The experimental procedures began when the mice first became hyperglycemic, indicating that a substantial portion of their beta cells had died off as a result of immune assault. In 22 of 53 mice, the injections and the transplant restored normal blood sugar levels. Scientists followed these mice for at least 120 days, continuing to give them spleen cell injections. Then they removed the kidney with the transplanted islets.

This caused 18 of the 22 mice to revert to hyperglycemia and diabetes. Studies of the four mice that continued to have normal blood-sugar levels revealed signs that the pancreas was regaining beta cell mass and function.

In the 2003 study, scientists looked in the pancreas of cured mice for indications of the presence of the Y chromosome, the male sex chromosome. When they found it, they interpreted this as proof that stem cells from the spleen cell injections, which all came from male mice, had developed into new beta cells in the diabetic mice, which were all female.

Washington University scientists did not see this same indicator or any other signs that the male spleen cells had survived in cured mice.

"This idea that spleen cell injections not matched for immune compatibility could lead to new beta cells was very controversial," Unanue says. "Everything we know in immunology suggests that such injections should be rejected by the immune system."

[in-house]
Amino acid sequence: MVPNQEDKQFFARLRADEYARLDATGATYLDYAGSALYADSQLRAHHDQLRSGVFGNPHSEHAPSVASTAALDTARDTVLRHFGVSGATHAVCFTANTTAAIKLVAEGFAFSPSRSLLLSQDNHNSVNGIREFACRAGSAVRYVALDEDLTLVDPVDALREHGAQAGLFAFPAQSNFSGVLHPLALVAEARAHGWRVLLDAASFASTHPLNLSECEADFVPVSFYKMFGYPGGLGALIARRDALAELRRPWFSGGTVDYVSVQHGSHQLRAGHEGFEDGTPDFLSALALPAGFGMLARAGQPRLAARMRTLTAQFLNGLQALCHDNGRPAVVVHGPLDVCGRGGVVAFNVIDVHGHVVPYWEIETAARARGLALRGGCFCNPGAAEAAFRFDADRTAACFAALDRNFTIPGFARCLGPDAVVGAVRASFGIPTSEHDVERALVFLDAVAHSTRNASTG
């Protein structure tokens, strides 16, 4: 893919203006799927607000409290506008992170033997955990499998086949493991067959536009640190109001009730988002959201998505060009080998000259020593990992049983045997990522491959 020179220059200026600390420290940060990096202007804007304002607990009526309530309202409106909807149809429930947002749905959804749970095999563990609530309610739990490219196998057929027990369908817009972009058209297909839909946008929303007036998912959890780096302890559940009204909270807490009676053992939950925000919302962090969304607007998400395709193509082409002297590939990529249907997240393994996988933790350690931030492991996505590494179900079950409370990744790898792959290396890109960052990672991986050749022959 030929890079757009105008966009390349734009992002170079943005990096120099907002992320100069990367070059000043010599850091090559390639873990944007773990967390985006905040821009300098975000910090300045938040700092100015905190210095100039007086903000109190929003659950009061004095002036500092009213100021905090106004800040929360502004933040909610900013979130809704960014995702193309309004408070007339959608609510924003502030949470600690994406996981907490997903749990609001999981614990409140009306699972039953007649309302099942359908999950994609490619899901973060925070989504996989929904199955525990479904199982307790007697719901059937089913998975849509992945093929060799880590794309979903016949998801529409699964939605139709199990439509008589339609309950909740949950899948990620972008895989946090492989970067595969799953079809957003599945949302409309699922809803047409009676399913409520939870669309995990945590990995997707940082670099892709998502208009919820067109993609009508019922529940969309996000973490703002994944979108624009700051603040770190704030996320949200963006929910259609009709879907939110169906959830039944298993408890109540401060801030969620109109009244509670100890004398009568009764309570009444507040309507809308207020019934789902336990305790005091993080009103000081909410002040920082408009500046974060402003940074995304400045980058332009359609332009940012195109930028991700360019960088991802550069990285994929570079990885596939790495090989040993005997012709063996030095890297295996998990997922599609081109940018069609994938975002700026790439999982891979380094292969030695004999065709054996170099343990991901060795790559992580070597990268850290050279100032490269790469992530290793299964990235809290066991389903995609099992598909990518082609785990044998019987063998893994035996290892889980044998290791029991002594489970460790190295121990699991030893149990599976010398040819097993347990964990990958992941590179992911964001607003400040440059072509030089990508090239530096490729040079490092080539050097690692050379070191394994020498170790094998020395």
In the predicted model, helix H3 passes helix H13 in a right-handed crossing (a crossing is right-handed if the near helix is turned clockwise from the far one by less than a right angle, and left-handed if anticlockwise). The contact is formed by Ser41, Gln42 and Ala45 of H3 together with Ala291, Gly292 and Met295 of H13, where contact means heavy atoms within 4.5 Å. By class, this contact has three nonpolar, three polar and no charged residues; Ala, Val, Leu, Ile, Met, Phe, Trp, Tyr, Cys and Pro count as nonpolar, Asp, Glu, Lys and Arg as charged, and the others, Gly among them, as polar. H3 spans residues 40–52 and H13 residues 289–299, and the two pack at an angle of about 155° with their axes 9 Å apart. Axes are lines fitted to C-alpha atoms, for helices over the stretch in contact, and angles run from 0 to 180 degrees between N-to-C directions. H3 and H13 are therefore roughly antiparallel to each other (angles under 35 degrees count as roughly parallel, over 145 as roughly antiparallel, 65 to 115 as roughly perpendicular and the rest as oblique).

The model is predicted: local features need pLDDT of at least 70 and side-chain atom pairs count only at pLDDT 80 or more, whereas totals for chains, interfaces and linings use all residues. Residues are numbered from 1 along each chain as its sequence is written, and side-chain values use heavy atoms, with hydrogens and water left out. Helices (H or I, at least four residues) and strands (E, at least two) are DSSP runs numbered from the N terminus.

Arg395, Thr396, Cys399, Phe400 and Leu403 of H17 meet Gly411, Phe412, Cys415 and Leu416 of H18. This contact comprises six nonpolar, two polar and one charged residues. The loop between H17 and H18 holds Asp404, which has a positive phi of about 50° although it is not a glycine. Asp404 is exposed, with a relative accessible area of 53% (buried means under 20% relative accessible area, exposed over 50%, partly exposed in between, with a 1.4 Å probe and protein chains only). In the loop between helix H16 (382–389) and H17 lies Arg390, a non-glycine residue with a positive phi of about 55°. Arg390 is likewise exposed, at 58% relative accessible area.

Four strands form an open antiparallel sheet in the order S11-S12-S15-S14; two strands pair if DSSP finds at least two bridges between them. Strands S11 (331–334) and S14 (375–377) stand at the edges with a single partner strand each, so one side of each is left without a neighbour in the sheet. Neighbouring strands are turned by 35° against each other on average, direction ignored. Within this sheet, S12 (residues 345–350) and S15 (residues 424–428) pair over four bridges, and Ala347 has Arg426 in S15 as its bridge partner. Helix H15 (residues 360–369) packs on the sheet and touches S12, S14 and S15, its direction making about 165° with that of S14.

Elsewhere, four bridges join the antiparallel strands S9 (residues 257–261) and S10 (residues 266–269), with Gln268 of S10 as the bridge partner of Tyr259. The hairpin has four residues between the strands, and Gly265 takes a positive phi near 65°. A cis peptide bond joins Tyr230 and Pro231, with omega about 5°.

In a second test performed after they repeated the earlier experiment, researchers gave the mice the CFA injection and the islet transplants but did not give spleen cell injections. For periods of more than 100 days, this temporarily cured diabetes in 69 percent of the mice that received it (20 of 29). The procedure that included the spleen injection had a temporary cure rate of 42 percent.

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Laboratories at the Joslin Clinic in Boston, a hospital affiliated with Harvard Medical School, and the University of Chicago also found they could not reproduce the 2003 results. The three laboratories had no contact prior to acceptance of their manuscripts for publication by Science.

Suri A, Calderon B, Esparza TJ, Frederick K, Bittner P, and Unanue ER. Immunological reversal of autoimmune diabetes without hematopoietic replacement of beta cells. Science, March 24, 2006.

Funding from the Juvenile Diabetes Foundation supported this research.

Washington University School of Medicine's full-time and volunteer faculty physicians also are the medical staff of Barnes-Jewish and St. Louis Children's hospitals. The School of Medicine is one of the leading medical research, teaching and patient care institutions in the nation, currently ranked third in the nation by U.S. News & World Report. Through its affiliations with Barnes-Jewish and St. Louis Children's hospitals, the School of Medicine is linked to BJC HealthCare.


Last reviewed: By John M. Grohol, Psy.D. on 21 Feb 2009